BC Health Coalition Update: Continuing to defend public health care
POSTED BY USMAN MUSHTAQ 49SC ON MARCH 22, 2021
We’re pleased to announce that we have been granted intervenor status by the BC Court of Appeal in the Cambie case. This continues to build on the work we’ve been engaged in for the last ten years as we successfully defended public healthcare at the BC Supreme Court.
In September 2020, the BC Supreme Court ruled against Dr. Day and Cambie Surgeries in a landmark victory for public healthcare in BC and nationally. The Court found that Day was seeking to create a two-tiered US-style healthcare system where the wealthy and healthy got the care they needed at the expense of the majority.
Unfortunately, Day and his supporters filed an appeal of the decision almost immediately proving that this challenge is not about evidence for them but about profits. Last week, the BC Court of Appeal ruled that the Save Medicare coalition (Canadian Doctors for Medicare, the BC Health Coalition, and our patient intervenors) can continue to intervene at the Appeal level. This is big news! It means we can continue to defend our public healthcare system and the landmark decision already passed by the BC Supreme Court.
Now as we move toward the next steps in the Appeal process, let’s revisit the September 2020 decision and why the previous verdict was a huge win for public healthcare.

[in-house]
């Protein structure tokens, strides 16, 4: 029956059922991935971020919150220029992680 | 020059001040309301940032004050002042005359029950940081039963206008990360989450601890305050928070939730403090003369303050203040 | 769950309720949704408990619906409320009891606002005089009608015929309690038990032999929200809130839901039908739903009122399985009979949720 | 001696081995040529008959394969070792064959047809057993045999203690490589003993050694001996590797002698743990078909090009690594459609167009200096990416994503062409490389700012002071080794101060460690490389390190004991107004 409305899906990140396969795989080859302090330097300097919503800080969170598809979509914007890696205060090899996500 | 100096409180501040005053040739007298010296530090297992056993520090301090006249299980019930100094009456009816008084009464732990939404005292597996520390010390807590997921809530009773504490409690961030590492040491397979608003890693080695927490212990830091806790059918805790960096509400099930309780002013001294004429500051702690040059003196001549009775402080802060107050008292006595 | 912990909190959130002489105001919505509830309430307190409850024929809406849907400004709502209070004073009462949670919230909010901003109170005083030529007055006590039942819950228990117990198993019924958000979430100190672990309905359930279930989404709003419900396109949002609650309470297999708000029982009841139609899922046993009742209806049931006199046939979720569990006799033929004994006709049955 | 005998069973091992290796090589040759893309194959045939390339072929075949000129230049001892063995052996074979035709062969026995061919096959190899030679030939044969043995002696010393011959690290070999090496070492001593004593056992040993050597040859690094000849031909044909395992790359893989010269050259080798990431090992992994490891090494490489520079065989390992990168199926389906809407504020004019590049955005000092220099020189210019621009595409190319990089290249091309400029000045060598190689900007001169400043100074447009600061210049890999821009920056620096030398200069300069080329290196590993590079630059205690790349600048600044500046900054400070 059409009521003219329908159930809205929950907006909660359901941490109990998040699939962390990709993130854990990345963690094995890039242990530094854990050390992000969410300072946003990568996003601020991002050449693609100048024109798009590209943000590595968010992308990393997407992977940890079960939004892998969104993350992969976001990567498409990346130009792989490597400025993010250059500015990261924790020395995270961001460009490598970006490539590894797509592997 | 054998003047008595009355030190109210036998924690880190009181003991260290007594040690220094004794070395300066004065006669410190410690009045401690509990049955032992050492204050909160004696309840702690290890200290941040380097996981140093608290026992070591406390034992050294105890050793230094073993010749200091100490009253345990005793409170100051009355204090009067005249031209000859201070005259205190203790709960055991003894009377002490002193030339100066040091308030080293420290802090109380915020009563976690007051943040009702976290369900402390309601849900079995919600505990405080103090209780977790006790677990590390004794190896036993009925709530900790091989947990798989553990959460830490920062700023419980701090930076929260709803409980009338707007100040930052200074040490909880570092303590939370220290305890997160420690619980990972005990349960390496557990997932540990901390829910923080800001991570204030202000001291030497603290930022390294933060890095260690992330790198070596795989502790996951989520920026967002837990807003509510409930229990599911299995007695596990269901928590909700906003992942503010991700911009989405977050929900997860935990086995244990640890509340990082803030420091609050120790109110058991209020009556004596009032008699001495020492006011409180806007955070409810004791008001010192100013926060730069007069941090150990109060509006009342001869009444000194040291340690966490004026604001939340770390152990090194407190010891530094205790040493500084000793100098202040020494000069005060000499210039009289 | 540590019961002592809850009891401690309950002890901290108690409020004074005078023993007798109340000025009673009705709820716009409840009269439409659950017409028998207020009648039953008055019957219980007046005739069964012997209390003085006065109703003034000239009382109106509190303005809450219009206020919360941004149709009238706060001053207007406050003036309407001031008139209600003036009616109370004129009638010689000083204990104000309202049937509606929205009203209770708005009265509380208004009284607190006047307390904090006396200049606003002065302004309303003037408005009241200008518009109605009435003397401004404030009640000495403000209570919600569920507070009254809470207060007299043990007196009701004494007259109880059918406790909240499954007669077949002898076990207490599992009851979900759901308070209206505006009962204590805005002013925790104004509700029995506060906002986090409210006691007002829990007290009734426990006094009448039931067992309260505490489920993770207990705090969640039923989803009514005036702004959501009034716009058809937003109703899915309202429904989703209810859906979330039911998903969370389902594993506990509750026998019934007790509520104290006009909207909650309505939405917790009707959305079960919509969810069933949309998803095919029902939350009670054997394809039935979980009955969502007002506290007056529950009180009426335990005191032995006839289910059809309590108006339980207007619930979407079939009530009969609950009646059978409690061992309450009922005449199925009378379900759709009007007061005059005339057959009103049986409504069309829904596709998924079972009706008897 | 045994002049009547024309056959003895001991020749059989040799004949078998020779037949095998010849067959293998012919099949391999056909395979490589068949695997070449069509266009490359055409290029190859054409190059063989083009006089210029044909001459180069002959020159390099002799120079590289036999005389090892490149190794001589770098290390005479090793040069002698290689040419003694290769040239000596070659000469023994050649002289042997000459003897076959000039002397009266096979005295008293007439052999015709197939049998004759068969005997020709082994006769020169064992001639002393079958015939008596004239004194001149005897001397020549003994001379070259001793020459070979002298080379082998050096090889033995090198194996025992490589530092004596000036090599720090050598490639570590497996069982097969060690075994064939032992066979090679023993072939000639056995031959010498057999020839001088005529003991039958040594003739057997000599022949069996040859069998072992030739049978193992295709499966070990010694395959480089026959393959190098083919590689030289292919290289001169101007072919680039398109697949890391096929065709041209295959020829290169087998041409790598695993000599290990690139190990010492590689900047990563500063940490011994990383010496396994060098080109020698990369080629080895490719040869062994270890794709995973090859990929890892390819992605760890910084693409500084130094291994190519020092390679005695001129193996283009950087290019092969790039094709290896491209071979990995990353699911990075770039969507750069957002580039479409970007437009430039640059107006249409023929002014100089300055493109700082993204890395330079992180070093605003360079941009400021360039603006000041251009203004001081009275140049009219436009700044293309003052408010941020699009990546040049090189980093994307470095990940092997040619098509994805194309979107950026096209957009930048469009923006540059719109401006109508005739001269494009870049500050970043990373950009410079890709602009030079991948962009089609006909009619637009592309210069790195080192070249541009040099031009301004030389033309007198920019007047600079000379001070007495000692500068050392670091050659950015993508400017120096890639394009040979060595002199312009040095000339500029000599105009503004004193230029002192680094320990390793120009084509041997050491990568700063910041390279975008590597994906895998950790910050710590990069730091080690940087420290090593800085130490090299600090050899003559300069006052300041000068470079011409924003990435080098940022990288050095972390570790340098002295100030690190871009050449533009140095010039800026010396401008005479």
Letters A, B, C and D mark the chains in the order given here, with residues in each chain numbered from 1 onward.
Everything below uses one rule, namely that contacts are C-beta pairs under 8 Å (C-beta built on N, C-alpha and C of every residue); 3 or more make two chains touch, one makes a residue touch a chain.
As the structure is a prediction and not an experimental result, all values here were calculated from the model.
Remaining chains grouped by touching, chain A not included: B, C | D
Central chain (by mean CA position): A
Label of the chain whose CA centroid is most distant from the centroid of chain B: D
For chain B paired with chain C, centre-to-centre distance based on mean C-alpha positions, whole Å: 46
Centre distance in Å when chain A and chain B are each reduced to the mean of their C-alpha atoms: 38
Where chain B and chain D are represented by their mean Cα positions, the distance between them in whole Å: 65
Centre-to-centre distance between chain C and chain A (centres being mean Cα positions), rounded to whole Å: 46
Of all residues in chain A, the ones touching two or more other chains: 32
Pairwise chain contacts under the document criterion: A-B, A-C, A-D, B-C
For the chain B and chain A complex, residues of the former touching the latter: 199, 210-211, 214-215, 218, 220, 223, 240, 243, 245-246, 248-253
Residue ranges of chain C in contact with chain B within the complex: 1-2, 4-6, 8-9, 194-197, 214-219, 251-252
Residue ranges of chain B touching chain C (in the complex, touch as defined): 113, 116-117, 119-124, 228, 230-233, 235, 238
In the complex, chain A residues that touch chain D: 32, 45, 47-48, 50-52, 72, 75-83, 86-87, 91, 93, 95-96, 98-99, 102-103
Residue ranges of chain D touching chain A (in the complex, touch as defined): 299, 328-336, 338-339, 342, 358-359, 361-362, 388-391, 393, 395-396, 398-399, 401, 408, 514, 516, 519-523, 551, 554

What the plaintiffs wanted
Dr. Day, Cambie Surgeries, and their supporters wanted the court to overturn three key provisions of B.C.’s Medicare Protection Act (MPA) that protect fair access to care for all patients. Instead they wanted the court to allow:
- Extra billing and user fees – Doctors would be allowed to charge patients more than the public plan pays them now.
- Private duplicate insurance – Doctors would be allowed to bill private insurers for patients who want faster access to hospital and physician care
- Dual practice – Doctors enrolled in the public plan could choose whether to bill (1) only the public plan; (2) only the patient (or private insurer); or (3) both the public plan and the patient (or private insurer), for any insured service. Doctors would have a financial incentive to give preferential access to patients who had private insurance or who could afford to pay out-of-pocket.
Source: “Explainer: Canadian Medicare on Trial” by Karen Palmer, with Quoi Media Group.
Top 5 Key Findings in the Cambie Verdict
The BC Supreme Court ruled against Dr. Day and his supporters noting that:
- An expansion of private healthcare would not reduce waits in the public system: in fact it could make them worse.
- Private pay healthcare (like the type of healthcare Day is seeking to expand) undermines equitable access to care.
- Urgent and emergent care is currently provided in a timely manner. Where waitlists exist, there are evidence-based ways to reduce wait times through innovations within the publicly-funded healthcare system.
- Entrenching private pay healthcare would benefit mainly the wealthy and healthy, while harming the rest of the population by undermining the public healthcare system.
- Evidence from around the world showed that expanding privately financed healthcare would make our healthcare system less sustainable overall, so it doesn’t make sense from a health policy or fiscal perspective.
For more information on the key findings above and quotes from the decision itself, please download our Top 5 Key Findings pdf. In the meantime, stay tuned for more updates from us as we continue to fight this legal challenge at this new stage.